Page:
It has long been held that unless you have studied the literature surrounding it and put it to an appropriate test, if you can’t say anything good about homeopathy, don’t say anything at all, because it will probably come off looking vituperative, read like a caviling complaint, stupid and flat out wrong.
On April 1st, 2014, the same day as my last blog . . The Homeopathic Cure of Wikipedia . . The Economist posted another smug anti-homoeopathic cavil, and it will have about as much impact as another day in a 200 year old infection that’s been bugging Mankind, the disease being somewhere north of stupidity and south of deception.
Stupid or deceived, I have a hard time deciding which affliction any particular homeopathy antagonist is presenting, and I’m sure that’s exactly what they wonder of me. Touche’ a droit, et a gauche.
But my explanation for the physics of the homeopathic remedy I think are better than what I’ve got for why homeopathy isn’t accepted pandemically.
The article dodges around the usual rabidity about no active ingredients, the drooling “its just plain water” complaint. Well, the same thing could be said about Tritium, oxygen and hydrogen, the active ingredient of a chain reaction in a hydrogen bomb . . and this a good corollary for the homeopathic remedy, just plain water except it has become radioactive. And this is not the only thing to blow up in the face of people who play gotcha with homoeopathy.
Homeopaths don’t like that explanation either. The devil they have in skepticism is an easier one to deal with than the one who resides in the physics of homeopathy, which are supramolecular and akin to the piezo electric effect.
But before my physics lecture gets me sued by Sominex for unfair competition by putting people to sleep without charge, or homeopathy for revealing a trade secret, allow me to return to the lies being spread by that rag with a one word oxymoron for a name:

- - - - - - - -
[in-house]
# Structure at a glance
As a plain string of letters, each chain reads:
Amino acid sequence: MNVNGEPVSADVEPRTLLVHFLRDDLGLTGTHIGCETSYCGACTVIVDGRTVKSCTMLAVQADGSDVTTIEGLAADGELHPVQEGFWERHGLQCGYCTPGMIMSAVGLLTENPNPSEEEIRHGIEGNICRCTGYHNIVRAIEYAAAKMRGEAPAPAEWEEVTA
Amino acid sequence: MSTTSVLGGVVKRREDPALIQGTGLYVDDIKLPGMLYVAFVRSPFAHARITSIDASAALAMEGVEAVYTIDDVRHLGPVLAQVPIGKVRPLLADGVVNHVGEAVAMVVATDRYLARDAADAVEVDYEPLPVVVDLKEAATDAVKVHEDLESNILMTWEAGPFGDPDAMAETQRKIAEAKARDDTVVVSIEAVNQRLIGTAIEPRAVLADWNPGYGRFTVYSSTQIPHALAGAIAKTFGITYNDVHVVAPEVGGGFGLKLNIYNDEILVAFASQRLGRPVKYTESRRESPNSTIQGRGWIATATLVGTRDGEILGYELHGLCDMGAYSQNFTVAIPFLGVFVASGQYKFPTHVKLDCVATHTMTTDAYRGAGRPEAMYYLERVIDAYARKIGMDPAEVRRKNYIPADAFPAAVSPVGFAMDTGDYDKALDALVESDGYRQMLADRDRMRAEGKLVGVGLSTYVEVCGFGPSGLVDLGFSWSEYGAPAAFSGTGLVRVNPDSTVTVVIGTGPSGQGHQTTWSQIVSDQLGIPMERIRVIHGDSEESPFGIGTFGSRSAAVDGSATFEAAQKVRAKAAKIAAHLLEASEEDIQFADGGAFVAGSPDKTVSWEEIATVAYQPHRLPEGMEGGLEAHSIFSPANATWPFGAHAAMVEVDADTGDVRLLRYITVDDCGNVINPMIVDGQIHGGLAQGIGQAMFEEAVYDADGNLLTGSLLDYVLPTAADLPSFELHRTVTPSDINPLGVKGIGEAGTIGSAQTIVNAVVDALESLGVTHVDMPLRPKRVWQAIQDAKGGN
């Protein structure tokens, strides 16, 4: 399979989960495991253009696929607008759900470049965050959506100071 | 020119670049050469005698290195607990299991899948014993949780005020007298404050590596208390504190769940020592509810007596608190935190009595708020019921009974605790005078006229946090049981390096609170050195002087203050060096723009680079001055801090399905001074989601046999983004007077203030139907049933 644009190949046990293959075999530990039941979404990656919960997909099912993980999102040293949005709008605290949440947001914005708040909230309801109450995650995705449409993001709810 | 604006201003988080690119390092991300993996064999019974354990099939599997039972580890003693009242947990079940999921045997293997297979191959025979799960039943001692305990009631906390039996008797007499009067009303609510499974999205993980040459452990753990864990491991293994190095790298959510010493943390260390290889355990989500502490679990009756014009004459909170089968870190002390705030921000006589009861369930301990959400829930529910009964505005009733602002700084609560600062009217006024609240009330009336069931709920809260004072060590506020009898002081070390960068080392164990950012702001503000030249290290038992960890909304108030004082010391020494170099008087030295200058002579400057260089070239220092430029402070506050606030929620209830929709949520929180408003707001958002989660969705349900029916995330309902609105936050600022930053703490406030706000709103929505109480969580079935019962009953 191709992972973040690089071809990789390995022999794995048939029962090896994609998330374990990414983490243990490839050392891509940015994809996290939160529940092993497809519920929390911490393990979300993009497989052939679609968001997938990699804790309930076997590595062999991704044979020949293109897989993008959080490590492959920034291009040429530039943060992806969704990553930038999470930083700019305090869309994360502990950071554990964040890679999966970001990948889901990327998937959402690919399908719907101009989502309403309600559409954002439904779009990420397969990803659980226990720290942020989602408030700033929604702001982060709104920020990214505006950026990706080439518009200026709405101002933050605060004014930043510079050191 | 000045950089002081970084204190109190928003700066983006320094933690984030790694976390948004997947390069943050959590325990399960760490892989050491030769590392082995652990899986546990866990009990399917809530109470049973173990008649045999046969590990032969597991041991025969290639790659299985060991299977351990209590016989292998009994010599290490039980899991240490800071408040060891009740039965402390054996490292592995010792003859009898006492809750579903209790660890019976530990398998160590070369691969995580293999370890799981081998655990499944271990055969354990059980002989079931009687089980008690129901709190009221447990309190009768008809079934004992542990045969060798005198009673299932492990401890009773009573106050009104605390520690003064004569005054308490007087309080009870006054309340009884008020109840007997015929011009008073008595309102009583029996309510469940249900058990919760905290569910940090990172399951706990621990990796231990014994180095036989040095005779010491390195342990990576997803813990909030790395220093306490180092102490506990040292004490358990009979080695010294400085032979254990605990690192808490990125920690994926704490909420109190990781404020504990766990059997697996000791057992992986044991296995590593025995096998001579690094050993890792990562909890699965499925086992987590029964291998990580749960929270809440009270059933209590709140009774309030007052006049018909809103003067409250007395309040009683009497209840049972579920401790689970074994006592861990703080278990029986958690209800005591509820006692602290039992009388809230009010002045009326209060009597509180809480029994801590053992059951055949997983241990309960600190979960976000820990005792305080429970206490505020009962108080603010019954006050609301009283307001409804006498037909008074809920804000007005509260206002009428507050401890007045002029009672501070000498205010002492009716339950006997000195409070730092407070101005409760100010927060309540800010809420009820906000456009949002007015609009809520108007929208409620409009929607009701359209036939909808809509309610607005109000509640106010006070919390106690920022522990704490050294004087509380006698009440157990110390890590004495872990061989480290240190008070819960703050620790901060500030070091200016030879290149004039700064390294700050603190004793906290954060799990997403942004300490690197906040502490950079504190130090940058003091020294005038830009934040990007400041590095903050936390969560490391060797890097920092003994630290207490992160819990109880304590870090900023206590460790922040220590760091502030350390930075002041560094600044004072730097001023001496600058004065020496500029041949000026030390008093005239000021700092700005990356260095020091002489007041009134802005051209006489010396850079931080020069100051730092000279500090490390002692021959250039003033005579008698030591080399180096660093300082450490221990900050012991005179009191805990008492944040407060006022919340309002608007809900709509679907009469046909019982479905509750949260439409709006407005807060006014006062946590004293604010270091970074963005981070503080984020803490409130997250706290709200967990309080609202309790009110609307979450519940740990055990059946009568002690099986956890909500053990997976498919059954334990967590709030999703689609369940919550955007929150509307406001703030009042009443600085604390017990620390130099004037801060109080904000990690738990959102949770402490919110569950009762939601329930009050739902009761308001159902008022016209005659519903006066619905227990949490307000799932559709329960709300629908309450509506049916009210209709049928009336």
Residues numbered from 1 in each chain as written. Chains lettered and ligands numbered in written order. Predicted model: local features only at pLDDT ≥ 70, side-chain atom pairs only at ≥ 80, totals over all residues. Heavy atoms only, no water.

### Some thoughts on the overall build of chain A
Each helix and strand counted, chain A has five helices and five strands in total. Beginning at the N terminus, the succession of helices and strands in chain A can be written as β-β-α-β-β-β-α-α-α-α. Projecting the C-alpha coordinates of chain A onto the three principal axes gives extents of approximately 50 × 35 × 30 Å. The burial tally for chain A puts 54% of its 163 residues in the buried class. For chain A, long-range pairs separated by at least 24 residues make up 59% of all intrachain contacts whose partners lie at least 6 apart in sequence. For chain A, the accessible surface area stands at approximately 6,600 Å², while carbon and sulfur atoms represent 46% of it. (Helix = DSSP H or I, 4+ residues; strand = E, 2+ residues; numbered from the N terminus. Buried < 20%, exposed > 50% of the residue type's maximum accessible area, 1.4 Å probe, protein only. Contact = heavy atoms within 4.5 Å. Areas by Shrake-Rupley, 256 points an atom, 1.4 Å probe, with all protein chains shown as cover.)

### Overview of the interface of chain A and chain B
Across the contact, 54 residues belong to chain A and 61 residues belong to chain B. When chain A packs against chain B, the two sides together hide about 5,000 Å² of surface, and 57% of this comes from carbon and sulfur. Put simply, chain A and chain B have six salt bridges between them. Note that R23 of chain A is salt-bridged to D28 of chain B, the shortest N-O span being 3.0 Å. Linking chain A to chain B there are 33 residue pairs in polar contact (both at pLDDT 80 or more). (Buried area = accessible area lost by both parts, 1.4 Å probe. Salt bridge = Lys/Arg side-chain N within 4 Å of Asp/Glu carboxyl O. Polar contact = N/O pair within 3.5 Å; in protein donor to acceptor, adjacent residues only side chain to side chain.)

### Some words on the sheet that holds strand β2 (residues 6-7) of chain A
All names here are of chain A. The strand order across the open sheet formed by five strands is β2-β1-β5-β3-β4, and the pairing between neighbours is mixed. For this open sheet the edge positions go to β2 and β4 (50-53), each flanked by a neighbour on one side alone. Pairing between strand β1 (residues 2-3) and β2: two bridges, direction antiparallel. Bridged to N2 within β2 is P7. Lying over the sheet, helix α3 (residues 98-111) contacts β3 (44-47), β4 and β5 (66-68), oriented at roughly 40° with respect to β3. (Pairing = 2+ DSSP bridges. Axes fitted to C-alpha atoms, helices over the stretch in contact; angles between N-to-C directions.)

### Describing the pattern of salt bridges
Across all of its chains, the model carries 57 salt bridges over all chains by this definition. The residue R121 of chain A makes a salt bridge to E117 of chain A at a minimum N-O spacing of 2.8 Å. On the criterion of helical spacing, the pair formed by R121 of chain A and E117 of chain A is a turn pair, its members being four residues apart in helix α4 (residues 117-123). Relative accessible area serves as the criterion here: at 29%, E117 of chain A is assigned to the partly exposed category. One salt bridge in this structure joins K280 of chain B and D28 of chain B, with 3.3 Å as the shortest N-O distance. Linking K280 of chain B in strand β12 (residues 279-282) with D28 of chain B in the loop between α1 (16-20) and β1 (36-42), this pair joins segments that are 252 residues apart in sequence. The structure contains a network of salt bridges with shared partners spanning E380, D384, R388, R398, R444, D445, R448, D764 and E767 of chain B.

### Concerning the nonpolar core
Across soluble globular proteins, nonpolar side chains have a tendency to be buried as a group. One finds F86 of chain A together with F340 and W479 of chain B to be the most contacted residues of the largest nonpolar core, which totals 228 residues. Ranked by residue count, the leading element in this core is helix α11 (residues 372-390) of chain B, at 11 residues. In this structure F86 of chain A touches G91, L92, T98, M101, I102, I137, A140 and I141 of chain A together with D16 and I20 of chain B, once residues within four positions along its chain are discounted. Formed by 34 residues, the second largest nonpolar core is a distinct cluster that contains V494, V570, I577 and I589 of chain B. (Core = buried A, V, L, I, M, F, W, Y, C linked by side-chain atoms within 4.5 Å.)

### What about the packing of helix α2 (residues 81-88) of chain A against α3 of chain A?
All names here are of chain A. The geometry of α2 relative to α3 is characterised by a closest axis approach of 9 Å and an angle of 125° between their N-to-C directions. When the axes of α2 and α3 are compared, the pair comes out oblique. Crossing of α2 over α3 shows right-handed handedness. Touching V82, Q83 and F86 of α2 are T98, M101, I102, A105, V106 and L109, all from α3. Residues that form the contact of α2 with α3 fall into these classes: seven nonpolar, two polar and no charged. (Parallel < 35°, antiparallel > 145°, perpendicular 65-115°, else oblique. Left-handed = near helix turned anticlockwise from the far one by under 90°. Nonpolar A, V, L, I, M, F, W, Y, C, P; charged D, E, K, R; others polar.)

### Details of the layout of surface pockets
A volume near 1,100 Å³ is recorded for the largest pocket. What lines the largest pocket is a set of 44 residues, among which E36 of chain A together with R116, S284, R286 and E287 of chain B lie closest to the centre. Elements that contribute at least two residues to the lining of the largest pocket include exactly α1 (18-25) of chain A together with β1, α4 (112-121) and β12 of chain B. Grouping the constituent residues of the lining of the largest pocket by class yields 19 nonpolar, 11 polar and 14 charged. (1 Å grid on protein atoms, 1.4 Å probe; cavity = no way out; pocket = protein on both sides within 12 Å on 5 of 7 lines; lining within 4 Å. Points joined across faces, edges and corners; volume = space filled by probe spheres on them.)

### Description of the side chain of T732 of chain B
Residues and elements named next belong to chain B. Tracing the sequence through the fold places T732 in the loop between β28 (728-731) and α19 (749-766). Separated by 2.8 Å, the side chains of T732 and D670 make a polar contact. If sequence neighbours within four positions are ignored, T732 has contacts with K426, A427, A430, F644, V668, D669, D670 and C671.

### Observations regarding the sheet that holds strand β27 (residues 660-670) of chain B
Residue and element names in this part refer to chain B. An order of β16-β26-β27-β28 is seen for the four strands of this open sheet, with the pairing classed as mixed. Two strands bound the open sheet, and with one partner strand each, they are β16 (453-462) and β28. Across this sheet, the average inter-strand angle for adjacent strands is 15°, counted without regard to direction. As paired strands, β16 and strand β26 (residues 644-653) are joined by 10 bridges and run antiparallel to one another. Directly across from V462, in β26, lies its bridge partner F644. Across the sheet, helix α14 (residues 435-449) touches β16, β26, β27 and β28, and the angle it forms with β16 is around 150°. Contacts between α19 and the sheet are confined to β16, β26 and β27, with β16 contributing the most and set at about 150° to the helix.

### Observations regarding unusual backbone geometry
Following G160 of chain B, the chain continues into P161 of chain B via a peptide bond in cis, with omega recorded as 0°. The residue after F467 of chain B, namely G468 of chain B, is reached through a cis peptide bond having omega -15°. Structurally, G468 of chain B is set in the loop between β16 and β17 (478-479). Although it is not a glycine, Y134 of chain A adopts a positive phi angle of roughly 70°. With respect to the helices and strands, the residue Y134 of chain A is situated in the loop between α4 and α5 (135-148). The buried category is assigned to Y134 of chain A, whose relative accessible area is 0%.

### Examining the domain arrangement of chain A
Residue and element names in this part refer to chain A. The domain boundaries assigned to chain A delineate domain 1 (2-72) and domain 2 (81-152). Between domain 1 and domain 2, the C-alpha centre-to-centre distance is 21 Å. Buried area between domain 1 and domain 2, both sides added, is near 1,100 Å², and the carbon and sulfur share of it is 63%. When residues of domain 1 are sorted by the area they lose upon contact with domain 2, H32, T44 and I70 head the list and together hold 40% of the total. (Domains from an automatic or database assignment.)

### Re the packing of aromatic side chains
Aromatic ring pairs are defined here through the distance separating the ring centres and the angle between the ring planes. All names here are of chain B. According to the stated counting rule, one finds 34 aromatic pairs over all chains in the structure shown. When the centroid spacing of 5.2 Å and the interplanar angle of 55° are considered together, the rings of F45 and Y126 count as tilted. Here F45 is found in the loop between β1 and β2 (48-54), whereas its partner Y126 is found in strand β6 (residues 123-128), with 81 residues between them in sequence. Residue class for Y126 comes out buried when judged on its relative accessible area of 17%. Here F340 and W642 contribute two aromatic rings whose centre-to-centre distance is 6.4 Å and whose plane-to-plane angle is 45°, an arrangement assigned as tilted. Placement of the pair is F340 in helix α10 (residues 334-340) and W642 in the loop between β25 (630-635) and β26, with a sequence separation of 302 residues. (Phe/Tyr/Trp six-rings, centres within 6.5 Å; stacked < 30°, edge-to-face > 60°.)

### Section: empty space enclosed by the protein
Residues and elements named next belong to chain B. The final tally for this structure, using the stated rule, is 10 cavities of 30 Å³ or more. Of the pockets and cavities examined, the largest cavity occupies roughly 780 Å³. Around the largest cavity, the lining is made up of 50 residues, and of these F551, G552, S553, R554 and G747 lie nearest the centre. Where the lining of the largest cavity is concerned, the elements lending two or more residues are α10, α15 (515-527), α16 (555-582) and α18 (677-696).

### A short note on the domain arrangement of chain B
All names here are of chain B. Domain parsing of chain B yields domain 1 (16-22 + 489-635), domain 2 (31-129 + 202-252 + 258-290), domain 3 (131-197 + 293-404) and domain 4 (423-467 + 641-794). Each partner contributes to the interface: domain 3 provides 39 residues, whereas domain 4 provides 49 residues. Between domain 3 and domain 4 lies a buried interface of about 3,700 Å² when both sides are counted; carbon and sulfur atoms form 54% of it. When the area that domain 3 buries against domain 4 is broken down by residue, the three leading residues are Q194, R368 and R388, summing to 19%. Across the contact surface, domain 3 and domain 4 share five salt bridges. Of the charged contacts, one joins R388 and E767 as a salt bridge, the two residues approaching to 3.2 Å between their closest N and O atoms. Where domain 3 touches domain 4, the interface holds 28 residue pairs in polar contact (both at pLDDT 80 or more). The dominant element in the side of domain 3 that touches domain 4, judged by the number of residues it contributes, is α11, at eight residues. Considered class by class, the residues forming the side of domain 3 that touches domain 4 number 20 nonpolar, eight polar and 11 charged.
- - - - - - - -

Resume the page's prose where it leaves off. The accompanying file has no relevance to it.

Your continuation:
The Economist says, “The most comprehensive review of homeopathy was published in 2005 in the Lancet, a medical journal. Researchers compared trials of homeopathic and conventional medicines. In the bigger, well-designed trials, there was ‘no convincing evidence’ that homeopathy was more effective than a placebo, they found.”
This is a lie. Now don’t take that as an insult, I admire a good liar. Pulitzer prizes are regularly awarded to people who, in a particularly good novel, have demonstrated an unusual talent for prevarication. Isn’t the word “fiction” just a civil replacement for a pack of lies? Of course it is. Story telling is just another way of getting our minds off the grisly truth.
And that’s what The Economist is doing here, the truth being that homoeopathy is a threat to the economics of the medical establishment.
What the smarmy author of The Economist is doing is quoting Shang, a debunked meta analysis of eight clinical trials cherry picked out of over 100 that appeared in Lancet in 2005 after the medical world was made especially miserable by Linde, a previous meta published in Lancet in 1997, of which the top critic of homeopathy at the time, Professor of Complementary Medicine Edzard Ernst of Exeter University, called “technically superb.”
After Shang hit the streets homeopaths began asking, where did they come up with this idea that homeopathics were no better than placebos?
Peter Fisher, MD, the Royal Physician and a practicing homeopath himself, asked to see the data. Shang refused, at first, then finally had to relent.
In a review of the literature for pharmacists, so they might form a more comprehensive view than the one presented by the The Economist, the American Journal of Pharmaceutical Education reported, “In contrast to findings by Kleijnen and Linde, a 2005 meta-analysis by Shang et al that was published in Lancet found that the efficacy of homeopathic treatment was no different than placebo.51 However, this study has been highly criticized for being methodologically flawed on many levels.52–61 Of particular concern, the researchers eliminated 102 of 110 homeopathic trials and based their conclusions on only the 8 largest high-quality trials without clearly identifying the criteria by which these trials were selected or the identity of these trials. Odds ratios calculated before the exclusions (on all 110 trials) do not support their ultimate conclusion that homeopathic interventions are no better than placebo.” 
So why is The Economist taking sides in such an acrimonious and long standing feud with bogus information sources to support a view less than neutral? Why isn’t it good enough that a growing number of people are asking for homeopathy in their health care? Why is The Economist inserting itself between patients and their physicians? Why is it that The Economist is reporting the conclusions of a highly criticized analysis of homoeopathy and not better ones reporting findings contrary to what The Economist is reporting?
People will continue going to homeopaths as a last resort, some will report miraculous cures, and others, usually those who haven’t tried it, will cry fraud.
 Am J Pharm Educ. 2007 February 15; 71(1): 07.
Where Does Homeopathy Fit in Pharmacy Practice? Teela Johnson, HonBSc and Heather Boon, BScPhm, PhD